Since Jan and I both love a good sale, sometimes we come home with a lot of a certain ingredient. Because it was such a good deal, right? This week it was blueberries, and after deciding on French toast topped with blueberries for breakfast, I pondered what my next blueberry dish should be. And then the answer literally fell right in front of me. Opening up the refrigerator to get the butter for frying my French toast, out tumbled a package of light cream cheese.
I thought back to when Jan took me to his hometown of Karlovy Vary in the Czech Republic several years ago. We stayed several days downtown in the Hotel Astoria, a spa hotel run by Jan’s aunt. The hotel was beautifully situated and serene, but we felt a bit out of place among the age 70 and up guests there for spa treatments in the healing waters of the hot springs. But no matter. We were delighted by regularly scheduled breakfast and supper served in the dining room. Breakfast was done buffet style, while dinner was one chosen dish per day. Some of the hotel guests were on strict diet regimens to go along with their spa treatments, but we were allowed the “regular” meals, thank goodness!
One night, the dinner meal was dumplings, something I’d begun to get accustomed to quickly in the Czech Republic. But these were different—they were sweet dumplings filled with fruit, topped with melted butter with sugar, as well as whipped cream. Not one to turn away dessert at any time of the day, I cut through the doughy outside and into the warm dumpling to find a simple strawberry inside.
Now I’ve happened upon a lot of great food discoveries through Jan’s being Czech. It’s usually always the same thing too—I hear about a dish, think it sounds weird, try it, and then love it. I should probably just skip the first two steps and go straight into raving about it, but it’s hard to change old habits.
The meal of fruit dumplings is commonly eaten for dinner, and fruits inside usually consist of strawberries, apricots and plums. The entire fruit is wrapped with dough(and in the case of apricots and plums, pit removed first), then boiled. And because the only added sugar comes from the melted butter-sugar topping and/or whipped cream, it’s not overly sweet.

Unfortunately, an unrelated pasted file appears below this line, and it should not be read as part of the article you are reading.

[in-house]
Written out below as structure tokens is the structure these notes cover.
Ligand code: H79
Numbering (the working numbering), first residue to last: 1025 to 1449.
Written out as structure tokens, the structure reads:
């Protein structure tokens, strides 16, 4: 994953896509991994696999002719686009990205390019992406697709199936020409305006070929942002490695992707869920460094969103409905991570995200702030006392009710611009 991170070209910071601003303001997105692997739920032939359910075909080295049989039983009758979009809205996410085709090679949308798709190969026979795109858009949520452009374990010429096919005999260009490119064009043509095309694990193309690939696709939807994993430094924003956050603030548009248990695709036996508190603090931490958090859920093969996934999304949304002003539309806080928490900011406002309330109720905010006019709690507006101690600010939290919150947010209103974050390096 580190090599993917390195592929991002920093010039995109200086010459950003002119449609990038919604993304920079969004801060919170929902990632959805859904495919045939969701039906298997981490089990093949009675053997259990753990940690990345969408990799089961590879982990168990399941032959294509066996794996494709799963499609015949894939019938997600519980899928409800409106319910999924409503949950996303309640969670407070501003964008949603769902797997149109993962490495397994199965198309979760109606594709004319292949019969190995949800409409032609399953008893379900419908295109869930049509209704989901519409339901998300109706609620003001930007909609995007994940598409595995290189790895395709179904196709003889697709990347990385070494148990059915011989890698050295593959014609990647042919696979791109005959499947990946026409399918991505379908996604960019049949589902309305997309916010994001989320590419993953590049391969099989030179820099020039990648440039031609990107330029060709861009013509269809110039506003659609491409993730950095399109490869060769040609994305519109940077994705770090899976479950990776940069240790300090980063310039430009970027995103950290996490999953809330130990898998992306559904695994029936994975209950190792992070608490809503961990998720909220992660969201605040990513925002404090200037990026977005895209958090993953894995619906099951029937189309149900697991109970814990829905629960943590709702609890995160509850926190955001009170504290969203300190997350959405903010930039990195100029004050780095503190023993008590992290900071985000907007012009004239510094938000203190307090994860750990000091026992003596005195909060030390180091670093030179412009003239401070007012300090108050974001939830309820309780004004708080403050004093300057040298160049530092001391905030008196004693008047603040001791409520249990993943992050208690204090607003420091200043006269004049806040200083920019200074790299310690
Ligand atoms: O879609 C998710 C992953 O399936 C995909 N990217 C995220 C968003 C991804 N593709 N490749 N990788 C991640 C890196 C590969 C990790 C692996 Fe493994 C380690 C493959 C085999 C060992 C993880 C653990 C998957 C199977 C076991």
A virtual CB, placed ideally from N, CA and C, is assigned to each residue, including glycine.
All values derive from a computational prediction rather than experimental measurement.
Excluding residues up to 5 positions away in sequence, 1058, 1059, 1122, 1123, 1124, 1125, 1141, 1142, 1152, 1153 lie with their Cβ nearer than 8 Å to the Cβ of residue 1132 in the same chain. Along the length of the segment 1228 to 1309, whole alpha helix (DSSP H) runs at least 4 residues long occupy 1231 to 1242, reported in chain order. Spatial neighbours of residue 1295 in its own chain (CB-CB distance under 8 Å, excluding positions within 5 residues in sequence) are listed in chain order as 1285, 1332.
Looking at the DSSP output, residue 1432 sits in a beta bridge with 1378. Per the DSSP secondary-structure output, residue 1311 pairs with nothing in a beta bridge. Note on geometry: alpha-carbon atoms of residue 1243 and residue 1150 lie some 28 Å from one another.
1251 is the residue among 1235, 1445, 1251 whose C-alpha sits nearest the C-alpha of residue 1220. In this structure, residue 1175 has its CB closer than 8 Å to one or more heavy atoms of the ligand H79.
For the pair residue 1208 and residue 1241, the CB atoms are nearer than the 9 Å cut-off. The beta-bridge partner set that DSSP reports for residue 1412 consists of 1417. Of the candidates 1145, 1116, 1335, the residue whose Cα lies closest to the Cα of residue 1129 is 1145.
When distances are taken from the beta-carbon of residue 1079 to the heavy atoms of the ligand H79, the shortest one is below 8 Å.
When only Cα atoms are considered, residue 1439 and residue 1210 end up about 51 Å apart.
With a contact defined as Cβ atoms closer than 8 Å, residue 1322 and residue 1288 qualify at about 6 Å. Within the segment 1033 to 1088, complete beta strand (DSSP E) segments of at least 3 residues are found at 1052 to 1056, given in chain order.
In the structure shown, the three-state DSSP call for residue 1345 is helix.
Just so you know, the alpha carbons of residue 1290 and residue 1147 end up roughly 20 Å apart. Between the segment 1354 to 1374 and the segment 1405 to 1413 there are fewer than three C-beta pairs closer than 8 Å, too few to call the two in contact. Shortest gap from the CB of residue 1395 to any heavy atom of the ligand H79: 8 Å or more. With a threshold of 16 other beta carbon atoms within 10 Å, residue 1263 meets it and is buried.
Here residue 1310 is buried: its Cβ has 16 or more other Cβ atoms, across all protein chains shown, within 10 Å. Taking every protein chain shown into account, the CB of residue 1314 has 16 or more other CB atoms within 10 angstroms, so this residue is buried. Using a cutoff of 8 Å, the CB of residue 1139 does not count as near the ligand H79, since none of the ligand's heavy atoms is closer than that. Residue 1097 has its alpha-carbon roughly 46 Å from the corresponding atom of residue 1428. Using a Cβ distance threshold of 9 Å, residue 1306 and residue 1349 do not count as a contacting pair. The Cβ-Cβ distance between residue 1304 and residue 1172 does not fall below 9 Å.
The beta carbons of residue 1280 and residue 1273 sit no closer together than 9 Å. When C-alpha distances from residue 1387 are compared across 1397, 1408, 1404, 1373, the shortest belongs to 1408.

So when the cream cheese threw itself at me and I was staring at several packs of blueberries, I knew it was finally time to tackle making fruit knedliky, or dumplings (borůvkové knedlíky = blueberry dumplings). I adapted a recipe from The Czechoslovak Cookbook by Joza Brizova.
I made the dough by creaming together butter, cream cheese and egg. I added flour and milk, then formed the dough around about 12 blueberries, sealing all the edges. I cooked the dumplings in boiling water for about 5-8 minutes, until each one floated to the top of the boiling water. The dumplings were served with melted butter with sugar added to it, along with whipped cream and/or vanilla ice cream. This recipe makes about 12 dumplings. Jan and I ate them as our dessert after a hearty American meal of meatloaf and mashed potatoes, but the Czech way is to eat them for the dinner meal.
Note: be careful when cutting into the dumplings with a fork—the blueberries have a tendency to explode, sending a burst of blue onto your surrounding table and/or clothing.
Blueberry-Cream Cheese Dumplings
- 2 tablespoons butter
- 1 egg
- ½ cup cream cheese (4 ounces)
- 2 cups flour
- ½ cup milk
- Fresh fruit such as apricots, cherries, plums, strawberries, or blueberries
- Cream together butter, cream cheese, and egg.
- Slowly add the flour and milk.
- Set the dough out on a floured surface, and break off pieces (about 1 tablespoon size) of dough.
- Flatten into a circle, then place fruit on top and wrap the dough around the fruit, sealing the edges well. For blueberries, use about 12 blueberries per dumpling.
- Cook in boiling water for 5-8 minutes, until the dumplings float to the surface (make sure the dough is not stuck to the bottom of the pan.
- Serve while hot, topped with desired toppings: whipped cream, butter with sugar, and/or vanilla ice cream.
- May be re-heated later in the microwave (just be sure to poke holes in them with a fork).